Dave the Remote Control Duck Is an Interesting Take on the RC Boat
As a an adult who grew up in the '80s, Jude Pullen was looking to build something for his son that could capture the whimsical and weird nature of the cartoons from that era.
And rather than going with a toy involving aggressive behavior or war, he wanted one that was far more tame, which is how he came up with the idea for a decoy duck that could move through the water on its own power.
The basis for this remote control duck, which Pullen refers to as "Dave", has a cheap RC boat as its base. By using a pre-made hull, issues such as leaks and hydrodynamics can be greatly improved compared to one that is entirely homemade. In addition to the boat and decoy duck body, he also gathered some cutting tools, sandpaper, a mini blowtorch, and a small saw to assist in assembling the toy.
The first order of business was getting the duck into a suitable state so that its core could be replaced with the RC boat. Pullen began by removing the ballast which sits underneath and provides buoyancy. Next, he traced around the boat's hull and cut out a slot into which the boat could fit. And finally, a pair of small slits were cut just above the propellers to ensure free movement.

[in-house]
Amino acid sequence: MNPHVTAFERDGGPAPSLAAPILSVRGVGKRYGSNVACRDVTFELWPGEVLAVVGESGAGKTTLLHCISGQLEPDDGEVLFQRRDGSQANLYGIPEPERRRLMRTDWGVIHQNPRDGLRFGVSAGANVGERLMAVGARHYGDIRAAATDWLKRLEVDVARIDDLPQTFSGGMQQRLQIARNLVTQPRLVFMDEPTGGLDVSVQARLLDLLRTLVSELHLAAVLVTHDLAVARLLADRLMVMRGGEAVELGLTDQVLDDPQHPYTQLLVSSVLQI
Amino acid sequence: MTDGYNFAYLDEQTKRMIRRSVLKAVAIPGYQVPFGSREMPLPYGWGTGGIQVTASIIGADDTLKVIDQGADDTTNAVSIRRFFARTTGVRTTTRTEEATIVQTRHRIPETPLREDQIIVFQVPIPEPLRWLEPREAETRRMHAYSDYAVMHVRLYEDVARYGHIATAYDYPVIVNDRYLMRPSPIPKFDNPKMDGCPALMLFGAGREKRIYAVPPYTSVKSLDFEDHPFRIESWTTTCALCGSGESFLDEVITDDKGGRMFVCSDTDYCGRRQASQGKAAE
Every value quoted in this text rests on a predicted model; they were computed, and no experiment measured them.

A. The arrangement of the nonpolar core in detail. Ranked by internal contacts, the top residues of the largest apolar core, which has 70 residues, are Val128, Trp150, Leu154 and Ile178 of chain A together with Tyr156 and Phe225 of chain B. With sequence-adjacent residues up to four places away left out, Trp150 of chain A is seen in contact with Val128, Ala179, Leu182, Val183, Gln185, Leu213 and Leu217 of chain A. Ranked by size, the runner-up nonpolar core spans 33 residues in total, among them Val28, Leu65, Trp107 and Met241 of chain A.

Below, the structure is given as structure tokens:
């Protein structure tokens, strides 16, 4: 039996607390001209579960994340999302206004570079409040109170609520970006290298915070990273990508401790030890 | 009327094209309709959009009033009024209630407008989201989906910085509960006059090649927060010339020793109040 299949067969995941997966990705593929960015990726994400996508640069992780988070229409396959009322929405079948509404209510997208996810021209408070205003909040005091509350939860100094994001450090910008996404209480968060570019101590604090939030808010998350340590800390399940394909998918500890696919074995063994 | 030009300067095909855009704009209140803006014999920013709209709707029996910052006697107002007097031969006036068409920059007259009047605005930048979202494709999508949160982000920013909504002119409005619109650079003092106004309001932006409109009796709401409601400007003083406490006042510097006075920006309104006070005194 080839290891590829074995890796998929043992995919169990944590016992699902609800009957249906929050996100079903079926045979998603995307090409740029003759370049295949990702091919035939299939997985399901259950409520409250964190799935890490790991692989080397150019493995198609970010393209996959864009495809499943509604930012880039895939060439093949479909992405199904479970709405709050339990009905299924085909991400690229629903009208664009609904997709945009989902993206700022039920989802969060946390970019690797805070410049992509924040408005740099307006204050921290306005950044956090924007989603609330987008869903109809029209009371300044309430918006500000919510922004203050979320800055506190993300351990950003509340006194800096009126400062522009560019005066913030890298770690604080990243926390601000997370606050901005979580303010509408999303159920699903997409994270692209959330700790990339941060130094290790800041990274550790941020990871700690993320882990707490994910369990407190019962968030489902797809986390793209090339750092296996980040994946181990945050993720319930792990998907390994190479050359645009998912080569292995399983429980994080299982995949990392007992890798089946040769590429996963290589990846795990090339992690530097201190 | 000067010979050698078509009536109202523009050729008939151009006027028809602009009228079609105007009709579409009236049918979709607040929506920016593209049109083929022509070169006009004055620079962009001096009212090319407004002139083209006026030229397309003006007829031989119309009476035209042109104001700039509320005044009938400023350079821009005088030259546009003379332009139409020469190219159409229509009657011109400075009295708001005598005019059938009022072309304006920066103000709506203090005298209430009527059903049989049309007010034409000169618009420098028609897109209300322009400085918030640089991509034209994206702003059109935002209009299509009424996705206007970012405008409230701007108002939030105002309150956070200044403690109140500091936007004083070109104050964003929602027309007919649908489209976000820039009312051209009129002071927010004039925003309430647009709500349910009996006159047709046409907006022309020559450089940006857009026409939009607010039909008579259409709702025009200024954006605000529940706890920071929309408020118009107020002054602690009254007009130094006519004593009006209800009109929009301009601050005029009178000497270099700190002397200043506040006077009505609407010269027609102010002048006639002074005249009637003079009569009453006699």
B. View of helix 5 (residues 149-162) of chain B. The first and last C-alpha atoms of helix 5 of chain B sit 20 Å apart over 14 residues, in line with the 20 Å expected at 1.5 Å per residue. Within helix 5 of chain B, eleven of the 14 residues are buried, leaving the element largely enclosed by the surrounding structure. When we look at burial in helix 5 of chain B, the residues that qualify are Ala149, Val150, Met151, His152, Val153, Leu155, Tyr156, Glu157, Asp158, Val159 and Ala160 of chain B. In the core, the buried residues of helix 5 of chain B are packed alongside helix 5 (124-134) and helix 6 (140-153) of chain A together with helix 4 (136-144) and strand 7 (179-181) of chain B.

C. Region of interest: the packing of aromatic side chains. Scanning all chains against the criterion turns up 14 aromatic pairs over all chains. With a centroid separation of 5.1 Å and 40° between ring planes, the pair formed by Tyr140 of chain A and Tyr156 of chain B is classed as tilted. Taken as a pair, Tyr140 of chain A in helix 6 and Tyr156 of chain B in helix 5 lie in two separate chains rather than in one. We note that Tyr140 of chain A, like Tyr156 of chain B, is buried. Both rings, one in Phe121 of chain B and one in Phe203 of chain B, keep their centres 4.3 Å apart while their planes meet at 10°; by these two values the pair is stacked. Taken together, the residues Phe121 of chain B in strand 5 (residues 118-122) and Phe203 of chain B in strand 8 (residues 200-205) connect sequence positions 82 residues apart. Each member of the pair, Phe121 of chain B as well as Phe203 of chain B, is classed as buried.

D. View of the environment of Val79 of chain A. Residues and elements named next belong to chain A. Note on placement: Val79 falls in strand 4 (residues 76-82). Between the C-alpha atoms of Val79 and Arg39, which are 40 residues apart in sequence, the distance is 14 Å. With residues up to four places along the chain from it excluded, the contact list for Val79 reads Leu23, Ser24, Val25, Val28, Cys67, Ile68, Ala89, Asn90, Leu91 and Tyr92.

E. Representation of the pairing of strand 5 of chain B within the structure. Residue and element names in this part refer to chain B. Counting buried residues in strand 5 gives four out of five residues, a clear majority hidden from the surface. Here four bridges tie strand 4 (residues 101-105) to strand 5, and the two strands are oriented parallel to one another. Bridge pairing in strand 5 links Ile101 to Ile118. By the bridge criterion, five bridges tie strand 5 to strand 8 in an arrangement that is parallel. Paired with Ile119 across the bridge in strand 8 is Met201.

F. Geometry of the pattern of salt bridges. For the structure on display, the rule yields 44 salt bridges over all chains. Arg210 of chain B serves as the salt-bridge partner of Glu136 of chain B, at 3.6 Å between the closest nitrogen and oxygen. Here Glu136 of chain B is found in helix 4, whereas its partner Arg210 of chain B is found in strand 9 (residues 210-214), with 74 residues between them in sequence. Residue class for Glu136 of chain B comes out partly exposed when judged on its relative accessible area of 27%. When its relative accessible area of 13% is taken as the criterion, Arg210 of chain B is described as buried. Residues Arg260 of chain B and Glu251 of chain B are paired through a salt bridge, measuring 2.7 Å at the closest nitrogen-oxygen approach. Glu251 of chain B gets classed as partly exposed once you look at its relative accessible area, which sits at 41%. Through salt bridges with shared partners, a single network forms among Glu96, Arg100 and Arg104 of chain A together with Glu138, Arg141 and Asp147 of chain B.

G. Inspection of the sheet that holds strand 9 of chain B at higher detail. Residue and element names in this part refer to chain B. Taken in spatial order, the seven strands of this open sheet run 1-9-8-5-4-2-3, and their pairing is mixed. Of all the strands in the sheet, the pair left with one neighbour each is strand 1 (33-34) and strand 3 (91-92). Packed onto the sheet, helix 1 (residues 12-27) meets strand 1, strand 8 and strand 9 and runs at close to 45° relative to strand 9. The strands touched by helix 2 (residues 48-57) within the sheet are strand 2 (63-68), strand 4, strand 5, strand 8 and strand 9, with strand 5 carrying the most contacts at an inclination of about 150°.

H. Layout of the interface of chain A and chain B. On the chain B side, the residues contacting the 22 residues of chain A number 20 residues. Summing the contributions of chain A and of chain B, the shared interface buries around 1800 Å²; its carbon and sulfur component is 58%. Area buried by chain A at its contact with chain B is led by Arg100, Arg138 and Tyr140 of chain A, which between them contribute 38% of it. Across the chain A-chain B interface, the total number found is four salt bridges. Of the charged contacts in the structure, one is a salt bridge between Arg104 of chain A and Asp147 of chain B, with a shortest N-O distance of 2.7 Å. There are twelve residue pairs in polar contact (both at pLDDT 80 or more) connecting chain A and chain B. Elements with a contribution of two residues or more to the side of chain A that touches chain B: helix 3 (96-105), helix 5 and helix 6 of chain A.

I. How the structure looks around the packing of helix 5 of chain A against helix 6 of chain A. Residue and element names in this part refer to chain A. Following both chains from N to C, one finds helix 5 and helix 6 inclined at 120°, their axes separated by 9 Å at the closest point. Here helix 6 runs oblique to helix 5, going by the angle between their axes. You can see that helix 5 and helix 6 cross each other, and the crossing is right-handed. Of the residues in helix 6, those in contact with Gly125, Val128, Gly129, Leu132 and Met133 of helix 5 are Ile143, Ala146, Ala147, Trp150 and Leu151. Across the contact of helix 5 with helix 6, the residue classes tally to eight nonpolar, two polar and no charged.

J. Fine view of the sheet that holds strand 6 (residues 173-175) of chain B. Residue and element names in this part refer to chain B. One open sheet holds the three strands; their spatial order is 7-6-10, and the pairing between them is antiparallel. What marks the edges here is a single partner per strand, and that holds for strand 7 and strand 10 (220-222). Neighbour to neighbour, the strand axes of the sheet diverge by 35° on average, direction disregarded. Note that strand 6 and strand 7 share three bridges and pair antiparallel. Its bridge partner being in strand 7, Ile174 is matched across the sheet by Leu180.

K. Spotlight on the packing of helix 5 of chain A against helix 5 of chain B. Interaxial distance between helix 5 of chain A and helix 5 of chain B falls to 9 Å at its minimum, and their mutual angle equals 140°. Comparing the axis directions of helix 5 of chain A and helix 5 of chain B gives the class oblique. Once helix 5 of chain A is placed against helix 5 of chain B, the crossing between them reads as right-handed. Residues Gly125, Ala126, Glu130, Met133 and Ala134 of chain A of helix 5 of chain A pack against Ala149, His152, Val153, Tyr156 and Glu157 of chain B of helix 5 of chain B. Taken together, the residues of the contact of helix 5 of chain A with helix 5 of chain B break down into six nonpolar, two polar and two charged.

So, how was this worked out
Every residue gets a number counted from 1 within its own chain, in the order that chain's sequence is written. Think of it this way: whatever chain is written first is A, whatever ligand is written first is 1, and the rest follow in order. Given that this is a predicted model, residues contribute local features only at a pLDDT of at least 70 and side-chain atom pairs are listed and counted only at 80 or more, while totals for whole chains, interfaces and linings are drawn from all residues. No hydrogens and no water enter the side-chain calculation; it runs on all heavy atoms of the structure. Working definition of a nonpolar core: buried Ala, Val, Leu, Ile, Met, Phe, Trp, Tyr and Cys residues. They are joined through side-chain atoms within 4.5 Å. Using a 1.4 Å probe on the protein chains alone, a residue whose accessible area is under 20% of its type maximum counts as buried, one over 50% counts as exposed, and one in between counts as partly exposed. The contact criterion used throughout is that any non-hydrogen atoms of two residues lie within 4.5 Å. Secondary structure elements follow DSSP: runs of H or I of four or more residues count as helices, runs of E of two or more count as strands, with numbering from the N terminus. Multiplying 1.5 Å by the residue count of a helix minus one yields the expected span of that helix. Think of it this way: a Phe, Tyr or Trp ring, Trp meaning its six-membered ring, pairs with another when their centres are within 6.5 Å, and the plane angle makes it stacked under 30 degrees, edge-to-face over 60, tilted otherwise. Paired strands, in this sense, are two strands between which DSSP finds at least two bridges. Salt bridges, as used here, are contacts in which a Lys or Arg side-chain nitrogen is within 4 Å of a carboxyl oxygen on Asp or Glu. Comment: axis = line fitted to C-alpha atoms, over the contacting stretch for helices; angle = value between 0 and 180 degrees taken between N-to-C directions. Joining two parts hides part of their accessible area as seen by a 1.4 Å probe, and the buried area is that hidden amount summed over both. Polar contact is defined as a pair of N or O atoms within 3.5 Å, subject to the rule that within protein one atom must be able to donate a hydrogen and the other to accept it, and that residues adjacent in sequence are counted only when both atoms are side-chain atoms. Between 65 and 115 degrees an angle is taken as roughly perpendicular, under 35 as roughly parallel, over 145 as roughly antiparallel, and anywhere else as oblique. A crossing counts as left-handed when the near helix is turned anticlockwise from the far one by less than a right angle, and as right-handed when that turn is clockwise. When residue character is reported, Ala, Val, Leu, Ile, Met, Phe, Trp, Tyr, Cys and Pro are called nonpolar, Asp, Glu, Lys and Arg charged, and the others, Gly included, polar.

Conveniently, all of the required electronics for the boat were mounted in the lower half, meaning the top could be removed without any issues. With the top portion now in the duck's hollow chamber, some heat was applied to its backside in order to reshape it and give a better fit. However, this process was not perfect, so some extra modifications were needed to prevent leaks entirely.
After Pullen had taken his first attempt out for a test run, he discovered some water was getting in, meaning that a more permanent solution was required to stop the leak issue. To accomplish this goal, he sanded the top edges of both halves so they could meet up to the duck's lower portion without any major gaps. He then applied a generous amount of Sugru around the edges to create a seal, and then tightened it all down. As a final touch, he also added a small loop in the top so that a rescue hook could be used to fish it out of a pond if needed.
As seen in his demonstration video, Pullen's son can be observed piloting the duck around, which made for an interesting sight to behold.
You can read more about how this remote control duck was created here on Instructables.